The recent publicity surrounding the case comes days before the planned October 23 visit by Schroeder. Leaders of Slovakia's Jewish community said they were hoping that Slovak officials would express support for their case during talks.
Slovak Foreign Affairs Ministry spokesman Boris Gandel said that although no one from the ministry had ruled out the possibility of the subject being discussed, the Slovak government would not attempt to interfere with a case in the German legal system. He added that he hoped the two sides would reach a settlement out of court.
Slovak media have recently speculated that Germany's refusal to negotiate directly with Slovakia may be based on the fact that Slovakia's wartime state was technically independent. Most historians, however, consider the wartime Slovak government, led by Catholic priest Jozef Tiso, to have been a puppet administration propped up by Nazi Germany.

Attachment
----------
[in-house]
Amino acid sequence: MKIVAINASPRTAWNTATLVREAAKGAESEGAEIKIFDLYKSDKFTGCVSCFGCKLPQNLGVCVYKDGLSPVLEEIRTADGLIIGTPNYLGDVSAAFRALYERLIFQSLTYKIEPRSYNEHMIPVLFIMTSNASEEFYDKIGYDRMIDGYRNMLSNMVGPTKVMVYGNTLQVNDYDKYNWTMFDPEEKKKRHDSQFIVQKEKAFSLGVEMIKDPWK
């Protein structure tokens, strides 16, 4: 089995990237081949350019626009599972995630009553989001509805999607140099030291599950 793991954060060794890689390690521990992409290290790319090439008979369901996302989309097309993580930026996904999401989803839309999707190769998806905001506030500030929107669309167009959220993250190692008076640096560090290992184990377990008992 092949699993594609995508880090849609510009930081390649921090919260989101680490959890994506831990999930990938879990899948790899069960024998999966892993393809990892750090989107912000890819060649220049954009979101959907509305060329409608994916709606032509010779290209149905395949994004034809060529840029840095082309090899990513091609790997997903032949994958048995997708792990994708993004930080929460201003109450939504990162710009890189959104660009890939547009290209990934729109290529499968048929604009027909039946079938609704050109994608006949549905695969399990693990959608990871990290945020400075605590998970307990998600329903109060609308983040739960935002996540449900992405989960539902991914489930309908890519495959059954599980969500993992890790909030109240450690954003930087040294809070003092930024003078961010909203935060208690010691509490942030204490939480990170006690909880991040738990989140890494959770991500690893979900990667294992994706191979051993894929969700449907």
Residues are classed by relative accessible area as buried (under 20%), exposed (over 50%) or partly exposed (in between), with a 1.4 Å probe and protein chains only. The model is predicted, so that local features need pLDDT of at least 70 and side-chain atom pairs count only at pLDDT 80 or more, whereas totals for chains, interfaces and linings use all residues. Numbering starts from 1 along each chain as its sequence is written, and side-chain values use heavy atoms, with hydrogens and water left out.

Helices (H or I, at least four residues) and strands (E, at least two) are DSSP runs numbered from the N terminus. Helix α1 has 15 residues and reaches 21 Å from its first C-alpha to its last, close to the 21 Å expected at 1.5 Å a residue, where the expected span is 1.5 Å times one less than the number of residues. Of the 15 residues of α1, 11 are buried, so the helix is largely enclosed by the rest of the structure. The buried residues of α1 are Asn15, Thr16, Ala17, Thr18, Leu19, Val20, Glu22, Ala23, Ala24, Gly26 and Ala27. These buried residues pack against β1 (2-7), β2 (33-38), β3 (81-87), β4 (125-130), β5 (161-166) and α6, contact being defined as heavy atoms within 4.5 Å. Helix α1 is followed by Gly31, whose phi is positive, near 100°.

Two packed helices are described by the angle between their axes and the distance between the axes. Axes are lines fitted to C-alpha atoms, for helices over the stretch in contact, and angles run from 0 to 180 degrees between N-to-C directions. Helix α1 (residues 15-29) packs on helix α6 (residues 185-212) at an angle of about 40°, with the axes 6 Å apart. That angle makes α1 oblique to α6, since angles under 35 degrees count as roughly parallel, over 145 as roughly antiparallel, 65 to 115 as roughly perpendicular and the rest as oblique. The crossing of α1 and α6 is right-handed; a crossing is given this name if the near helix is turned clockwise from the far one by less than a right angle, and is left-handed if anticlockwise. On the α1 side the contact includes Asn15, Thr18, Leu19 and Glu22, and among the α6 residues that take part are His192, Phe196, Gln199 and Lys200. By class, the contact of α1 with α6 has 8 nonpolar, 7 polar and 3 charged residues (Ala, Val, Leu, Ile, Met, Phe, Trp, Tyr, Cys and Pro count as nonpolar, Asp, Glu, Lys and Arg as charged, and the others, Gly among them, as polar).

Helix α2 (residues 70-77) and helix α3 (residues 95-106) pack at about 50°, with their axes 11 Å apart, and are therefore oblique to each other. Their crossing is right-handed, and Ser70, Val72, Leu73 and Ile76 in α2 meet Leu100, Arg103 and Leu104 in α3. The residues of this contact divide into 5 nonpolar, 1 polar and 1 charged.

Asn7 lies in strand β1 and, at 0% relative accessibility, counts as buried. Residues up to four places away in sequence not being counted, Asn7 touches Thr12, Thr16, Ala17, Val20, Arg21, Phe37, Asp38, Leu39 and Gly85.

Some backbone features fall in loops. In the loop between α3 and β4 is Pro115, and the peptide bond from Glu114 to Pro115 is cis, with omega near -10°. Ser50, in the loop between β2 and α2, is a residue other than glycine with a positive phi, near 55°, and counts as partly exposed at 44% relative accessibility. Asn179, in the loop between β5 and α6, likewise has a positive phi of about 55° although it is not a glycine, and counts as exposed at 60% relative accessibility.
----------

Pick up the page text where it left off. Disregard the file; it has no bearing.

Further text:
Regardless, Jewish leaders argued that the money paid by Slovakia to Germany in 1942 to cover 'expenses' incured in transporting Jews to death camps had not in fact corresponded to any real outlay on Germany's side, and that the remaining Jewish community in Slovakia now had a "moral right" to get back the money.
When contacted by The Slovak Spectator, the German Embassy in Bratislava said they were unable to comment on the case at this time.
The deportation deal
Always an intricate mix of law, politics and morality, the issue of Holocaust restitution has taken a bizzare twist in Slovakia's case as it was the only country which actually paid Germany for the deportation of its own Jewish citizens.